Pueblo Remains

Pueblo Remains

Our last trip on the Bloody Basin Road took us about 8.3 miles to the Pueblo la Plata site in the Agua Fria National Monument. This time we traveled farther along this unimproved dirt road in a high clearance four-wheel drive vehicle owned by visiting adventurous friends. Our first stop was in the Tonto National Forest near the remains of a tall stone chimney. After exploring the small pueblo site there, we climbed 100 feet to the top of the nearby mesa.  Our bushwhacking put us in contact with prickly plants that left me feeling like a human pincushion. Stone masonry pueblos lined the top of this 4,098 foot high mesa with commanding views. Upon our descent we drove to a nearby abandoned mining site with a structure probably used as a bunkhouse. A storage cellar and a deep well were close by.

Petroglyphs

Petroglyphs

Our next destination was a cliff in the valley west of the mesa we had climbed. Our walk along the bottom of this cliff was like seeing a continuous blackboard where Native peoples who inhabited this area between 1250-1450 expressed themselves. These petroglyphs depict a range of images. There are animals such as lizards and antlered deer, people, and abstract or geometric designs. These pieces of rock art are formed by scraping dark layers of “desert varnish” off the stone. The Tonto National Forest covers some three million acres. To me the land varies little from the adjacent Agua Fria National Monument. It is interesting to speculate who and why these petroglyphs were created.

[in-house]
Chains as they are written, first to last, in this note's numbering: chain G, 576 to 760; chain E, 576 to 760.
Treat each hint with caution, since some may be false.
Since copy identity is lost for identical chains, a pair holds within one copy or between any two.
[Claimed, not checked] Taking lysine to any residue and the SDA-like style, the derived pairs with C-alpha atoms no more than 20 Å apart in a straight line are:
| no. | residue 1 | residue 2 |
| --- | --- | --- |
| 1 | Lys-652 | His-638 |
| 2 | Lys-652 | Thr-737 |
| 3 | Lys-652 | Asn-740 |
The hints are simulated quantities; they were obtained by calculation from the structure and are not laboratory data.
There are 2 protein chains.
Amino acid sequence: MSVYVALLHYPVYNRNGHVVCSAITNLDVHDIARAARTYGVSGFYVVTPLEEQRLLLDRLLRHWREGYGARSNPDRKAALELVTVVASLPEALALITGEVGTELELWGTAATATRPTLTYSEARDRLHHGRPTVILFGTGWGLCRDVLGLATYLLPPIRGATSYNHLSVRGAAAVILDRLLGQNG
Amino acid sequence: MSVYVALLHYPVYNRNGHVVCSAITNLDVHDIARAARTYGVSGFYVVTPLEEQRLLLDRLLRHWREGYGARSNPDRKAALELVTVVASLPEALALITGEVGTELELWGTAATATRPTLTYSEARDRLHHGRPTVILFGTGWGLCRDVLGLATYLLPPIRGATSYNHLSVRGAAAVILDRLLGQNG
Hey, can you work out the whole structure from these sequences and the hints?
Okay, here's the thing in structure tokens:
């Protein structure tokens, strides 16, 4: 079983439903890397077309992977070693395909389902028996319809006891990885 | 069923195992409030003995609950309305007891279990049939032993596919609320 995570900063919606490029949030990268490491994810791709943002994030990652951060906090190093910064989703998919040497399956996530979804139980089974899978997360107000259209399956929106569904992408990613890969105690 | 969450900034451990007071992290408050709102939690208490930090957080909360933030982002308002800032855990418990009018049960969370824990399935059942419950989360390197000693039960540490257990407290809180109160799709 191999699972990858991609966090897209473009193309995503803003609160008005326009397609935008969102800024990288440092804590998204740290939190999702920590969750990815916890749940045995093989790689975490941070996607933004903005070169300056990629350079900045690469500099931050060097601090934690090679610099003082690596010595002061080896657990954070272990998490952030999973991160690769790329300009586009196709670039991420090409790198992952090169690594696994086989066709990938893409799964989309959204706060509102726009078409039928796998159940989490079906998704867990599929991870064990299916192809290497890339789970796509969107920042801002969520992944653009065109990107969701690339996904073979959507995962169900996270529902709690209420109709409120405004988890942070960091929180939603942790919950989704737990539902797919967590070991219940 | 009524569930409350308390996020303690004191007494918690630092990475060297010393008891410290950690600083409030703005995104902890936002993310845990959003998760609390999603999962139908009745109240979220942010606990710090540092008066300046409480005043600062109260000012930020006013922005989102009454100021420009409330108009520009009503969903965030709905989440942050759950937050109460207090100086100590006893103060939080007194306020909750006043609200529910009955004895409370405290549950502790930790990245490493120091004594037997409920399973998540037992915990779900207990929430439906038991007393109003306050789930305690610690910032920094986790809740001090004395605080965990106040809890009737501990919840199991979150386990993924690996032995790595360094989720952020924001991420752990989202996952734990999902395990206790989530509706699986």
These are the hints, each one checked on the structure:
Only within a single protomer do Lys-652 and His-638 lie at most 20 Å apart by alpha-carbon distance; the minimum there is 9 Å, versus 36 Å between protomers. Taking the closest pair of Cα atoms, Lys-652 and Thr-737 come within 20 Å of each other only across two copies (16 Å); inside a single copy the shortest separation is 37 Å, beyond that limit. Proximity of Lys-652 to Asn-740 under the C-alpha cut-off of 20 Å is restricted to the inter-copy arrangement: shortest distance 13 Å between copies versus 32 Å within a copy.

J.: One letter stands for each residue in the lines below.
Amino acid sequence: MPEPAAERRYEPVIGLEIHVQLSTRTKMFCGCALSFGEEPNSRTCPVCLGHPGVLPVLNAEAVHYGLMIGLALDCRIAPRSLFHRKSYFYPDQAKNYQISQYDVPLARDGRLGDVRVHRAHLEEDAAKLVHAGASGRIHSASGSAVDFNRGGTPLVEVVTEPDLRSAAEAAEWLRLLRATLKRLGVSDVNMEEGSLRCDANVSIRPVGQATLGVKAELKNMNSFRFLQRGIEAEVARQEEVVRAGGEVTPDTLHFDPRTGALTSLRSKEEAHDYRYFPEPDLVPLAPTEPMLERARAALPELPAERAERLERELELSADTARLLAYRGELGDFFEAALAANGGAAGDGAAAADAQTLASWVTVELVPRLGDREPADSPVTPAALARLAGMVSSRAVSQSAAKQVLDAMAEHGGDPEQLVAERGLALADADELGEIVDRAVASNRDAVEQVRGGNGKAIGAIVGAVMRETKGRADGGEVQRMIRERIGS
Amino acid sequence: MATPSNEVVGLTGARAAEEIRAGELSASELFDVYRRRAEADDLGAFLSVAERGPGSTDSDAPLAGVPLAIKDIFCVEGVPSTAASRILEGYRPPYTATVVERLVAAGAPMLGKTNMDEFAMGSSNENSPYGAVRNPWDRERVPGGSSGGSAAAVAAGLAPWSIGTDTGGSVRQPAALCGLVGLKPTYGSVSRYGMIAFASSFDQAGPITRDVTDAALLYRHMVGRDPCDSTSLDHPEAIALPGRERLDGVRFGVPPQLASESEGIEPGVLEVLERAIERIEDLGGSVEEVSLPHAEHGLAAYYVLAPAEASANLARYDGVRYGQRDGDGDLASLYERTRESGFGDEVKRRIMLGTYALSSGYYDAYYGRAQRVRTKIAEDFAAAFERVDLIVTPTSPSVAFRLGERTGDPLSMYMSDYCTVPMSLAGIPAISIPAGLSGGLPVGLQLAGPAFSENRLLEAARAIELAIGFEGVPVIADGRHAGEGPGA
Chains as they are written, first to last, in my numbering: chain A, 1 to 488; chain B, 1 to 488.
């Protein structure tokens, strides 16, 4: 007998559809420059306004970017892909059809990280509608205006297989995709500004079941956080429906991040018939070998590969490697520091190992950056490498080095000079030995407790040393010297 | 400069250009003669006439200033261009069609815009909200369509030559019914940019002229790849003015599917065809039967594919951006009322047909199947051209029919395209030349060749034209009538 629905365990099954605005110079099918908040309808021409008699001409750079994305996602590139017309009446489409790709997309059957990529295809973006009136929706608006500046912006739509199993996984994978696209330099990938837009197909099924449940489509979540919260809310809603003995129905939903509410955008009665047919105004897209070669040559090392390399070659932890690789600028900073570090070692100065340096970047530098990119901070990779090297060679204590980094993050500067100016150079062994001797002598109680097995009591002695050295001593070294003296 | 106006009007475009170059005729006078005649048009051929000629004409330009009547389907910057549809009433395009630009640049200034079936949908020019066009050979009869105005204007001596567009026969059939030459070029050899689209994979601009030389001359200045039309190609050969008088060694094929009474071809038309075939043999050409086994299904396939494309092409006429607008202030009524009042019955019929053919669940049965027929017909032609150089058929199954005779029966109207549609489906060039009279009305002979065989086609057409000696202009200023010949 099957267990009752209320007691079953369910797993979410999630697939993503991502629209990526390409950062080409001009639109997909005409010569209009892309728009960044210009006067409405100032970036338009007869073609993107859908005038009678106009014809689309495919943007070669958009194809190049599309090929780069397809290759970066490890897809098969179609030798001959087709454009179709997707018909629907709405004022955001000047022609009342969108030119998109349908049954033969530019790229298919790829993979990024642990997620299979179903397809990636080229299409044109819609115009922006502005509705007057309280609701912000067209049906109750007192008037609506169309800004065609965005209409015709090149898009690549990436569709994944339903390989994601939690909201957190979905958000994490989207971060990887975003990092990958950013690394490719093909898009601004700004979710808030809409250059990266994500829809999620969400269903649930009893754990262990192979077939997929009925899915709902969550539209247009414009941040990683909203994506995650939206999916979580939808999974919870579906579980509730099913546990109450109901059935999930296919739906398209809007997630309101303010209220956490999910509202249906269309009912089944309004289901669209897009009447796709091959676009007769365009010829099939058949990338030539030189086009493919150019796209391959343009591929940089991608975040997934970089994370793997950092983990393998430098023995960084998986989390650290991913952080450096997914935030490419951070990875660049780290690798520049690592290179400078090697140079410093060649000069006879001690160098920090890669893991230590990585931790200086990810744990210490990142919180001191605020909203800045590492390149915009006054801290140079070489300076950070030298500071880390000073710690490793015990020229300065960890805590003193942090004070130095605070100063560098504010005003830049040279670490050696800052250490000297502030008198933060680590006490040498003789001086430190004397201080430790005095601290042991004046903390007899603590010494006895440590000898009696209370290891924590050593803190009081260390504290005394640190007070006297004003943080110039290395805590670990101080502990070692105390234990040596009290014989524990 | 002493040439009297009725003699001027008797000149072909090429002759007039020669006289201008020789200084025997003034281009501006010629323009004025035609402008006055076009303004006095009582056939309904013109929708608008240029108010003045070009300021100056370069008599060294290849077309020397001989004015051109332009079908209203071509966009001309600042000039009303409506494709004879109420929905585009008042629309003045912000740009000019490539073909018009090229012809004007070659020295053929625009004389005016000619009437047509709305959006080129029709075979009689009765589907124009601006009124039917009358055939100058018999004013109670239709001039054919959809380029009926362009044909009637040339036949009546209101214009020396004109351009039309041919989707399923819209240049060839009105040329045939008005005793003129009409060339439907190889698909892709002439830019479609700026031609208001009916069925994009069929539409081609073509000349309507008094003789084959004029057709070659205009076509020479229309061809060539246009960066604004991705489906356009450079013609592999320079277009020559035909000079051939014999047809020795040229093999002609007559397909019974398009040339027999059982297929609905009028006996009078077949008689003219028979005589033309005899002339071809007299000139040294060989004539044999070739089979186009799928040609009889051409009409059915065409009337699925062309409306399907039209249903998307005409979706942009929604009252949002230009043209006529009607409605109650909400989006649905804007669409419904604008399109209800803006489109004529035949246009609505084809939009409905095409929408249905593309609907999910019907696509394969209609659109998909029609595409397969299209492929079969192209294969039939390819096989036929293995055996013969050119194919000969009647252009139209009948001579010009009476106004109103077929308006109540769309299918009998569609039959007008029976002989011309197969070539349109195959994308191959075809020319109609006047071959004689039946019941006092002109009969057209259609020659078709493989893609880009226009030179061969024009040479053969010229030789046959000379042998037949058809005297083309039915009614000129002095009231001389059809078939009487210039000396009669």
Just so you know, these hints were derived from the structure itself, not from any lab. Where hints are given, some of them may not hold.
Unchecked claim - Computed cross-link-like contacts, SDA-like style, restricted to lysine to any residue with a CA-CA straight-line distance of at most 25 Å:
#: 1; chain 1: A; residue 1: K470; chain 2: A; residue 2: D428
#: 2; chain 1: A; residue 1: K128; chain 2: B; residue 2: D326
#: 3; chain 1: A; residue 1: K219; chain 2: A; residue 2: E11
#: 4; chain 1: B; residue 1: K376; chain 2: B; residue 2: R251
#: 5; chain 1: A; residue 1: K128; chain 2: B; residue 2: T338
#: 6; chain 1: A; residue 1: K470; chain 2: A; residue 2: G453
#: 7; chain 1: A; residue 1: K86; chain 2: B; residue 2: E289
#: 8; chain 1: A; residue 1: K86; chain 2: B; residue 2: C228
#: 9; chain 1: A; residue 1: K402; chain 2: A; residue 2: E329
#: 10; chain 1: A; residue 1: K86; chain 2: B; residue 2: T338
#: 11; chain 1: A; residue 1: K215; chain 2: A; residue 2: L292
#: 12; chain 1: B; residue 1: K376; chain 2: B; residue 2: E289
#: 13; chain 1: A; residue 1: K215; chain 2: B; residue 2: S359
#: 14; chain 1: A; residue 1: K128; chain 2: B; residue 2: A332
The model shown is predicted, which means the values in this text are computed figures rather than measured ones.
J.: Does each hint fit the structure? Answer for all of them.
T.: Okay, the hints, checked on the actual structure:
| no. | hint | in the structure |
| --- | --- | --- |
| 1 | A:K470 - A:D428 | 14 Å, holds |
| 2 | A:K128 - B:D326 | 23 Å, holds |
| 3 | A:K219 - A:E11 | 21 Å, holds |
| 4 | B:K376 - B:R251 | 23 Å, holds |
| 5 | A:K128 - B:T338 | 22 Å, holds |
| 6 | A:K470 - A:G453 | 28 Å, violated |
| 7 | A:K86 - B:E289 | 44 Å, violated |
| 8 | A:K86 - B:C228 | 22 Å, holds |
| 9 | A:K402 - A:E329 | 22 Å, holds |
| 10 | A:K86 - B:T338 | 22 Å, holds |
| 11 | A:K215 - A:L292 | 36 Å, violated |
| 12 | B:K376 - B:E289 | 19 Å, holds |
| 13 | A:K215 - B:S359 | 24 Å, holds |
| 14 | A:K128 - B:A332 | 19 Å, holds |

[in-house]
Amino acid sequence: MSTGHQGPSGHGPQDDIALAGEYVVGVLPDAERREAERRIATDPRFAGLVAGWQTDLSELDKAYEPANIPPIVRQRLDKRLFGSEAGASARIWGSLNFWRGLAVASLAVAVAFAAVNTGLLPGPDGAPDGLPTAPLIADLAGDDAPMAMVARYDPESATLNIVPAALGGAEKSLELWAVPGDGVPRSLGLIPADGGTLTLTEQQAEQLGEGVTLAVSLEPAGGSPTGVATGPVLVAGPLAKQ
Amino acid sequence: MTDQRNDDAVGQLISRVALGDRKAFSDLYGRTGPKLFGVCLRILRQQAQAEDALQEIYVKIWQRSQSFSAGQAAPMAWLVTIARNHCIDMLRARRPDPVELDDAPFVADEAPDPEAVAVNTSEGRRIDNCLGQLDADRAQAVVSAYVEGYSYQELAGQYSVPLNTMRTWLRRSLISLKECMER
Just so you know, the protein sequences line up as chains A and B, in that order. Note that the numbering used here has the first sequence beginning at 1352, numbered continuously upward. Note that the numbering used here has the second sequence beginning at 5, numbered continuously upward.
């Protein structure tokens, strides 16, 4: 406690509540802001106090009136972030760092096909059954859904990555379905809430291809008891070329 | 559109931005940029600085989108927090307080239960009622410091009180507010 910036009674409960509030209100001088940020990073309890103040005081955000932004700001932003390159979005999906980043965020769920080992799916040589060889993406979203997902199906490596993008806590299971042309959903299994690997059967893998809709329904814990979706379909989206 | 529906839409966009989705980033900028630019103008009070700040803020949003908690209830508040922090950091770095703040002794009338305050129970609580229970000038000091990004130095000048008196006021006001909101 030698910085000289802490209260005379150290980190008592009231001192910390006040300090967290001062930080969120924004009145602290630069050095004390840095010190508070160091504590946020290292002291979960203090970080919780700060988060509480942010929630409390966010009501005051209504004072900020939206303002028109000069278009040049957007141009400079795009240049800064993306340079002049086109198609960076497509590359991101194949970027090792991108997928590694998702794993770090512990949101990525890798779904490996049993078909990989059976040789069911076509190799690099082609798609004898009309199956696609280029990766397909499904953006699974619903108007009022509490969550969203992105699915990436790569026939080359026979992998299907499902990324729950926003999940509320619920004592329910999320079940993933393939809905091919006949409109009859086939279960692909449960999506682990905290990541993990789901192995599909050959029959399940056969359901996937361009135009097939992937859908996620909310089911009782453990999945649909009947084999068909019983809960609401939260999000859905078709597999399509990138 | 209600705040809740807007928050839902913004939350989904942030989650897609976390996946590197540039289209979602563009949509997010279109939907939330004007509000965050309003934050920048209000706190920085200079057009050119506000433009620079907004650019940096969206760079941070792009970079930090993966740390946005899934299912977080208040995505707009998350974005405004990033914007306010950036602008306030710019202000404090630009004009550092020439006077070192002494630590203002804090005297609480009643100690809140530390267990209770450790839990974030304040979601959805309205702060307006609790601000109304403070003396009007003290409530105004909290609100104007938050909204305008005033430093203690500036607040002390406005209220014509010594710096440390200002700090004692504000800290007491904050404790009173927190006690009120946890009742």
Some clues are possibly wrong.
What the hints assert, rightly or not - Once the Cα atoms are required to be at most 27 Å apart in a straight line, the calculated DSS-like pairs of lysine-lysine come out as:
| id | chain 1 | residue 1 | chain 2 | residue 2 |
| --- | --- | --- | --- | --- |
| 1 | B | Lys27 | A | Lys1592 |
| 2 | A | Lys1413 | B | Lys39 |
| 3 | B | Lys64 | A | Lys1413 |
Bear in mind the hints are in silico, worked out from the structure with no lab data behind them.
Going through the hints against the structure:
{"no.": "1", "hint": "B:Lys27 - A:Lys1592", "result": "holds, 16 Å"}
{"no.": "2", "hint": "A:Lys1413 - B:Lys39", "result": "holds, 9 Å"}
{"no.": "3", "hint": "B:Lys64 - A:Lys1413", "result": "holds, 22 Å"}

Reflection Pool

Reflection Pool

Our final stop was in the Perry Tank Canyon. To get there we opened and then closed a gate that crossed the Forest Service road. We could see cattle grazing in this section of the high mesa semi-desert grassland. After exploring one of the 450 distinct Native peoples sites in the Agua Fria National Monument, we descended a quarter of a mile into a canyon with several large clear pools of water. On the other side of the canyon we saw more rock art, including a sun with multiple rays. A colorful sunset gifted us as we made our return to Prescott.

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